The 2010 remake of Meir Zarchi's 1977 grindhouse rape/revenge cult classic I SPIT ON YOUR GRAVE was surprisingly not terrible, brutal as hell and one of the relatively better torture porn outings, with a committed, ferocious performance by Sarah Butler as a young woman who's gang-raped and, to put it mildly, goes medieval on the asses of the men responsible. One wouldn't think it would spawn a franchise but then, 2013's terrible I SPIT ON YOUR GRAVE 2 was really just another remake, minus Butler, with the setting moved to Bulgaria and with Jemma Dallender as another victim of gang-rape who turns the tables on her attackers. Butler returns for this third installment, which ignores the second film and functions as a direct sequel to the first. Here, Jennifer (Butler) is now calling herself Angela and is in regular sessions with her therapist (Harley Jane Kozak sighting, and she's a long way away from PARENTHOOD and ARACHNOPHOBIA) and attending a weekly rape victims support group. She still encounters creeps everywhere she goes (even a homeless guy grunts "Nice tits" as she gives him some spare change) and is so stand-offish that her co-workers think she's a bitch. She finally befriends group member Marla (Jennifer Landon, Michael's daughter)--whose grating behavior has to be a nod to Helena Bonham Carter's Marla in FIGHT CLUB--only to lose her when she's killed by her crazy ex-boyfriend, who's set free due to lack of evidence. This sets off Jennifer/Angela's vigilante within, and she becomes an angel of vengeance, getting rid of all the male pigs that have caused so much pain and anguish in the group. Of course, hapless SVU detective McDylan (Gabriel Hogan) and hard-nosed homicide investigator Boyle (Michelle Hurd, a long way from the first season of LAW & ORDER: SVU) don't take long to figure out that Angela is a prime suspect, along with the bitter, frothing-at-the-mouth Oscar (Doug McKeon, a long way from ON GOLDEN POND), the lone male in the support group, there to find closure over the suicide of his teenage daughter, a victim who lost her will to live when her rapist got off on a technicality.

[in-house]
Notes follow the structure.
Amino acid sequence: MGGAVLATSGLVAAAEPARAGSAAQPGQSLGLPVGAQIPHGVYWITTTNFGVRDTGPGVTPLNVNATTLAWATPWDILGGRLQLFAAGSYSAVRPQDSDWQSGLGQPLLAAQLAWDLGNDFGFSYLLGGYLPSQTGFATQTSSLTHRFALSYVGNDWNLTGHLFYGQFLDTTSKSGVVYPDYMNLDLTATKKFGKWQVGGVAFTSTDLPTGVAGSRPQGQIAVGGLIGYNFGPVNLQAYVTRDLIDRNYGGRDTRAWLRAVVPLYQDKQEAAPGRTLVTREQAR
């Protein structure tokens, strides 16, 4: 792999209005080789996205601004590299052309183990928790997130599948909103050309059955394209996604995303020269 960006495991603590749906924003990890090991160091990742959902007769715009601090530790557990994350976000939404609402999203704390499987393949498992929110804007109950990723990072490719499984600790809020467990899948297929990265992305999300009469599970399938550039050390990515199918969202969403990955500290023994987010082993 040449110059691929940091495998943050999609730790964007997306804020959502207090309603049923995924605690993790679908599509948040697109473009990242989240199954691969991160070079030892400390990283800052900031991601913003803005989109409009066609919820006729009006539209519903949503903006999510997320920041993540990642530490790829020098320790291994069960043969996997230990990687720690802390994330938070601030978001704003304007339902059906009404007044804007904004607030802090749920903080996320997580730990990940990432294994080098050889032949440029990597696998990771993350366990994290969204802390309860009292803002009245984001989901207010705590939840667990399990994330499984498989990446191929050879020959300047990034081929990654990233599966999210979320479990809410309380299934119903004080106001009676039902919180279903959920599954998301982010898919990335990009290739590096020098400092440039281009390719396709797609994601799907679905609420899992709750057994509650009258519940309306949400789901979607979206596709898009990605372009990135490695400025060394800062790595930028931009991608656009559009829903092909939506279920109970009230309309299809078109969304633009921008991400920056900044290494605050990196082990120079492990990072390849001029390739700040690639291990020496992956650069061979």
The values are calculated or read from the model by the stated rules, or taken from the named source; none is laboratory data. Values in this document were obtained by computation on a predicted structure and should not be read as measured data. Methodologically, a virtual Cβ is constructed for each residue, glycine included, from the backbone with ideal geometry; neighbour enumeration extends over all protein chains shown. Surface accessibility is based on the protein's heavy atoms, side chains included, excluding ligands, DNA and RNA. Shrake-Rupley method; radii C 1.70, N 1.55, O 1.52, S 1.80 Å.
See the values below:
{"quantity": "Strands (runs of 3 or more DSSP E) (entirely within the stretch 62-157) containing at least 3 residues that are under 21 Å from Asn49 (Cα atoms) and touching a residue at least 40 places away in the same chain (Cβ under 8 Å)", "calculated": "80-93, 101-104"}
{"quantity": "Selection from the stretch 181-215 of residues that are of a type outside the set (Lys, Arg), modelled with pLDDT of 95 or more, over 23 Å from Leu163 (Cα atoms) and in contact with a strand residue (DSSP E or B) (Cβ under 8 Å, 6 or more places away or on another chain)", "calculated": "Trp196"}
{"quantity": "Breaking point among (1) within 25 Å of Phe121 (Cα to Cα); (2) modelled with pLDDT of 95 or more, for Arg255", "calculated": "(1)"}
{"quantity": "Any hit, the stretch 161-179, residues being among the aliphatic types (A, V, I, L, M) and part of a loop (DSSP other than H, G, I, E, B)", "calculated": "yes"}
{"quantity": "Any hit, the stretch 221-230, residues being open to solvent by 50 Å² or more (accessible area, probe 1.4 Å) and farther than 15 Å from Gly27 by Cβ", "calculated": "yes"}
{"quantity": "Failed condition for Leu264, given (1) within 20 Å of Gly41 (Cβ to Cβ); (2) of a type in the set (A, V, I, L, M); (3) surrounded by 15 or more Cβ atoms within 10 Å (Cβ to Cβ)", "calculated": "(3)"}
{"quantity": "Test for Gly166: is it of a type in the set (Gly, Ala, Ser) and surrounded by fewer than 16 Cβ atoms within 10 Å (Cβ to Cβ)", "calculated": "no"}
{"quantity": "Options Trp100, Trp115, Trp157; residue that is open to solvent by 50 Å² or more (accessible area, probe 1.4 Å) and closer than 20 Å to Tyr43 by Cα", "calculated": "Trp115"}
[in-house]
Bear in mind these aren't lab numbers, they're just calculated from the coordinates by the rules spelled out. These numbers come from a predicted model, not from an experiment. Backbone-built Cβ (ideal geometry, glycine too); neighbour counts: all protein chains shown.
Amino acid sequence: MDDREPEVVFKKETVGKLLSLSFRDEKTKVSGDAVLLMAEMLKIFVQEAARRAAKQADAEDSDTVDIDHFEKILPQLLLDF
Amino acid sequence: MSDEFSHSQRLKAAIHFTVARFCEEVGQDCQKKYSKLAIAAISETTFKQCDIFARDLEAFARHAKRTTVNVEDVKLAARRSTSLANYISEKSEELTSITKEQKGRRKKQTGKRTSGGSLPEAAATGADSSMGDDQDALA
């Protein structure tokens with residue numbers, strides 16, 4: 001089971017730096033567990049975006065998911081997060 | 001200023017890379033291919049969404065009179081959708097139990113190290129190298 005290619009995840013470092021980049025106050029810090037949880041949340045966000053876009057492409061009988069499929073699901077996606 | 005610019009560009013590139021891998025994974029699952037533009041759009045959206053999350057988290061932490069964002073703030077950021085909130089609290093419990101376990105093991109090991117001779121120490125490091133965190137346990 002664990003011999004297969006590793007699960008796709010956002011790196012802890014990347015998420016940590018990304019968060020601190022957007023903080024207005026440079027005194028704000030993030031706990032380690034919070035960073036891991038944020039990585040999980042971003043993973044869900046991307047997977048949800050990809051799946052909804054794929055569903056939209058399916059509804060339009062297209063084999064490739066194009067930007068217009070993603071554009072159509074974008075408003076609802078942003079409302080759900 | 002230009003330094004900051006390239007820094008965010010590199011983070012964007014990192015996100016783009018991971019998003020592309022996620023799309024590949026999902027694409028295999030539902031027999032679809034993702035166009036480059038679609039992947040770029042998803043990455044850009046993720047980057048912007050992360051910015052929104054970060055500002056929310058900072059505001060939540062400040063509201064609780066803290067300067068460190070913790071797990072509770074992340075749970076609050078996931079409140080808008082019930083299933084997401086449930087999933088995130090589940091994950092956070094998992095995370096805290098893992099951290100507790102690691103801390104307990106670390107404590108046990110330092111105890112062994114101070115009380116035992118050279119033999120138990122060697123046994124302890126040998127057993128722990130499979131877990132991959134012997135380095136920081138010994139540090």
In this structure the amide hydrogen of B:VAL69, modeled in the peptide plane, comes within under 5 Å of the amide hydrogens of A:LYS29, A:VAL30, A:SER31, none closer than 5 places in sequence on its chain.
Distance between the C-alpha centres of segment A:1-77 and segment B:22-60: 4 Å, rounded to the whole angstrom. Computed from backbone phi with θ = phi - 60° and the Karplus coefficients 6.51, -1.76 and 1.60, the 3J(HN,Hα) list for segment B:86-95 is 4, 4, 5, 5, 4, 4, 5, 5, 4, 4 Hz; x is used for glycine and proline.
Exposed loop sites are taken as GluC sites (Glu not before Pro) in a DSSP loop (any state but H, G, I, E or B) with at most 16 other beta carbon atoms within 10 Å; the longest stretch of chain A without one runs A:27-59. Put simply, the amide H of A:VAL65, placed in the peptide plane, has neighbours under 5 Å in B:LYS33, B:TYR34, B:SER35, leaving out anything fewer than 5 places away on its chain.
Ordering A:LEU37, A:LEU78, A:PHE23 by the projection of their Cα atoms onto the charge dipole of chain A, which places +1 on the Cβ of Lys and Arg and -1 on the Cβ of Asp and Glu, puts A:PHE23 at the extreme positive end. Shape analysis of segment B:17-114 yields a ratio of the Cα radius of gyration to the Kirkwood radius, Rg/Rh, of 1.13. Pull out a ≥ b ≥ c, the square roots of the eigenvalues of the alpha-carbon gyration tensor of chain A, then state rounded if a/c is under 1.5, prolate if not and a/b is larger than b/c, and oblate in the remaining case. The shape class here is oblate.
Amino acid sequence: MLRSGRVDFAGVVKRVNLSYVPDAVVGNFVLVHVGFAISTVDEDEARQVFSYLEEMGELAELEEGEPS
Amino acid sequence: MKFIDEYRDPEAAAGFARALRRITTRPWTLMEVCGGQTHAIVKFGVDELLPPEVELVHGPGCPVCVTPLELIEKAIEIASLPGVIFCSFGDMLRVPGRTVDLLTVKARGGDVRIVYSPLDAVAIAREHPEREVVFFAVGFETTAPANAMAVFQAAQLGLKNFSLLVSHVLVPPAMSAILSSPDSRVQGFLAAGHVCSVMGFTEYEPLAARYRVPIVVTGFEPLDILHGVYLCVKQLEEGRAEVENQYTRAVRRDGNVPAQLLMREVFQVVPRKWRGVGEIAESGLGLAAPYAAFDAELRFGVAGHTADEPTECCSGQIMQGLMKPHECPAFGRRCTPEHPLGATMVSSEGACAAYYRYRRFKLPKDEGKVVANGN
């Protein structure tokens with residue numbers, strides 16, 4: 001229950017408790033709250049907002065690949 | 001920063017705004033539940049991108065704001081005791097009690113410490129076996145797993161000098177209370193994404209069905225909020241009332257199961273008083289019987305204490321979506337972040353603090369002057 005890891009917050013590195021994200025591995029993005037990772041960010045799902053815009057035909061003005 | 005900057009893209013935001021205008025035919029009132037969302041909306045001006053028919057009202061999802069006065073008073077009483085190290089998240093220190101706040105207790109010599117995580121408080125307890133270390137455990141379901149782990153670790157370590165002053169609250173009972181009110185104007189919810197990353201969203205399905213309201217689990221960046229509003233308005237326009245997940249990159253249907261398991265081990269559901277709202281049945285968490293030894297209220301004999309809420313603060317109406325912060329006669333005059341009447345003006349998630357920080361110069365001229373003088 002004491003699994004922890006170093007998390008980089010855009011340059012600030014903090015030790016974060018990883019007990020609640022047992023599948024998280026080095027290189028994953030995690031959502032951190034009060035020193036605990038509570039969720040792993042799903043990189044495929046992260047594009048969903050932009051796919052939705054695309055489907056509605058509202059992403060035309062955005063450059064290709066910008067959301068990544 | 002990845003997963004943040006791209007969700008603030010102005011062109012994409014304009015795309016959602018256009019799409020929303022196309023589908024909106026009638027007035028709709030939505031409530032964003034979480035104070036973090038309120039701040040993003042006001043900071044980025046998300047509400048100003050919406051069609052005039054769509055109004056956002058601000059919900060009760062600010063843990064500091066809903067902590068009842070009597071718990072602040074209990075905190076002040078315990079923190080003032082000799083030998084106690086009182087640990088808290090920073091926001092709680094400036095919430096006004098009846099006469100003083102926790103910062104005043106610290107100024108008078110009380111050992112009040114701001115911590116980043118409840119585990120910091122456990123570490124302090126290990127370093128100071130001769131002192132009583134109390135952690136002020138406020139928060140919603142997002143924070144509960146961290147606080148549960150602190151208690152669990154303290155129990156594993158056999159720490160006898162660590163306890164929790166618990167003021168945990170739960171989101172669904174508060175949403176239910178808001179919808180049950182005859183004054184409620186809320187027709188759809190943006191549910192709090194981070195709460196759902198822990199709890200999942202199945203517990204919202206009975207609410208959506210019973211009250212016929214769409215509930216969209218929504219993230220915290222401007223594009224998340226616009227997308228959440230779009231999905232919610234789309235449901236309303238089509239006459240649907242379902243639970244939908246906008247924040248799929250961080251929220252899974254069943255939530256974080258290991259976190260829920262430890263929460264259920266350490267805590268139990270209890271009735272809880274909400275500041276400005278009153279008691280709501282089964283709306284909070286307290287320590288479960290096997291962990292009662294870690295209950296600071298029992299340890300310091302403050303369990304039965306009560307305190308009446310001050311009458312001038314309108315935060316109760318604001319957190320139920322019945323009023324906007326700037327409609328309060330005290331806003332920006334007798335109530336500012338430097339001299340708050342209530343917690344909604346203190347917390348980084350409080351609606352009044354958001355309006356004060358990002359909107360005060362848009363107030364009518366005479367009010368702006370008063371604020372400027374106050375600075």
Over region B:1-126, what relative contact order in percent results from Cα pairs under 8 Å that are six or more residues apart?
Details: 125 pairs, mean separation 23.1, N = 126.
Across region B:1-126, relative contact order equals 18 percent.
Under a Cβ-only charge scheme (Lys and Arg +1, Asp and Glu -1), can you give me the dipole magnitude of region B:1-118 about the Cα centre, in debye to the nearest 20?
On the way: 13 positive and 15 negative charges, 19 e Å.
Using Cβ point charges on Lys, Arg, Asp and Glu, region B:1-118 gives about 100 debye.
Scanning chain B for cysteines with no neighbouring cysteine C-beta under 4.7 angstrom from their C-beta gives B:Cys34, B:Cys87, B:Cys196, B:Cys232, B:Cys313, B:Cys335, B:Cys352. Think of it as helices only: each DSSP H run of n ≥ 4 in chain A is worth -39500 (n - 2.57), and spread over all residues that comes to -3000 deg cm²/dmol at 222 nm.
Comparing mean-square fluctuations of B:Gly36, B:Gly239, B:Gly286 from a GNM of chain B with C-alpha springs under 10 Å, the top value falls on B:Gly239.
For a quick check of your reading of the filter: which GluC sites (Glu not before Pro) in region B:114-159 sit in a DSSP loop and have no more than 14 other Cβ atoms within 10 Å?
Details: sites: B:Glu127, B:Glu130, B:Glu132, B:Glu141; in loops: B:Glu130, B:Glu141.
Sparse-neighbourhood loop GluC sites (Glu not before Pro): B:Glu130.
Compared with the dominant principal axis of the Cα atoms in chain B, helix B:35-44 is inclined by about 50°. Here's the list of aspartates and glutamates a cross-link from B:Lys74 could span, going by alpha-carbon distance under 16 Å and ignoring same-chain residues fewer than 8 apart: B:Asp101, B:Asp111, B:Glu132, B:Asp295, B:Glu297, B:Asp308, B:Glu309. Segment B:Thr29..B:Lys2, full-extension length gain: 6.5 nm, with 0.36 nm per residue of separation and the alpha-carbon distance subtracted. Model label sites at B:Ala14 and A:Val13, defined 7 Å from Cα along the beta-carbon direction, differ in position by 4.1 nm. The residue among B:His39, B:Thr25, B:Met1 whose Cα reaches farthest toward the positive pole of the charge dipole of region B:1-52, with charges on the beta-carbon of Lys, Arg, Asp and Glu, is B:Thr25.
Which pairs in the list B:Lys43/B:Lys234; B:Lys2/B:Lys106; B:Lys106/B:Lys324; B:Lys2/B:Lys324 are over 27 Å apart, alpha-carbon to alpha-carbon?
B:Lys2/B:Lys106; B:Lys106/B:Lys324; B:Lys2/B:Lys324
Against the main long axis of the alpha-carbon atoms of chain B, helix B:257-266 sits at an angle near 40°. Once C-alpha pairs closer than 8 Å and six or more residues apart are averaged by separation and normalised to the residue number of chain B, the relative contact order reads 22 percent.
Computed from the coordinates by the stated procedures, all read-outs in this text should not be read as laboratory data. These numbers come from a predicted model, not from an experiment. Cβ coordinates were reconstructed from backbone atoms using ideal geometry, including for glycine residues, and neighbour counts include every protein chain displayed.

Though the reveal isn't handled very well, there's actually a fairly interesting third act plot twist that's telegraphed in distracting ways but probably looked great on paper. Even if director R.D. Braunstein and first-time screenwriter Daniel Gilboy didn't botch their admittedly ambitious whopper in the finale, I SPIT ON YOUR GRAVE III would still be a pretty dumb movie. The deck is completely stacked, with every human being with a penis a leering, salivating threat. Every cop is an idiot, the legal system is useless, Jennifer/Angela's character arc is a tired cliche, and Butler, so strong playing it straight in the first film, just goes for a grinning, crazy-eyes approach here and comes off as cartoonish, especially when she starts busting out the Freddy Krueger one-liners, like quipping "Just the tip!" when she spits out the bitten-off head of a guy's cock after starting to suck him off, slicing it in the middle and opening it up like she's peeling a banana with both hands; or "You don't deserve the lubricant but it won't go in otherwise" as she's about to shove a long pipe with a daunting circumference up the ass of a man regularly molesting his stepdaughter. Looking at her performances in the first and third films, it's obvious Butler's a strong heroine when playing tough and pissed-off, but she doesn't do nearly as good a job going over-the-top crazy. It's completely skippable, especially since the two big splatter moments (the "just the tip" bit is so graphically over-the-top and so instant-NC-17-worthy that it's actually funny) are likely to become YouTube favorites rather quickly. (Unrated, 91 mins)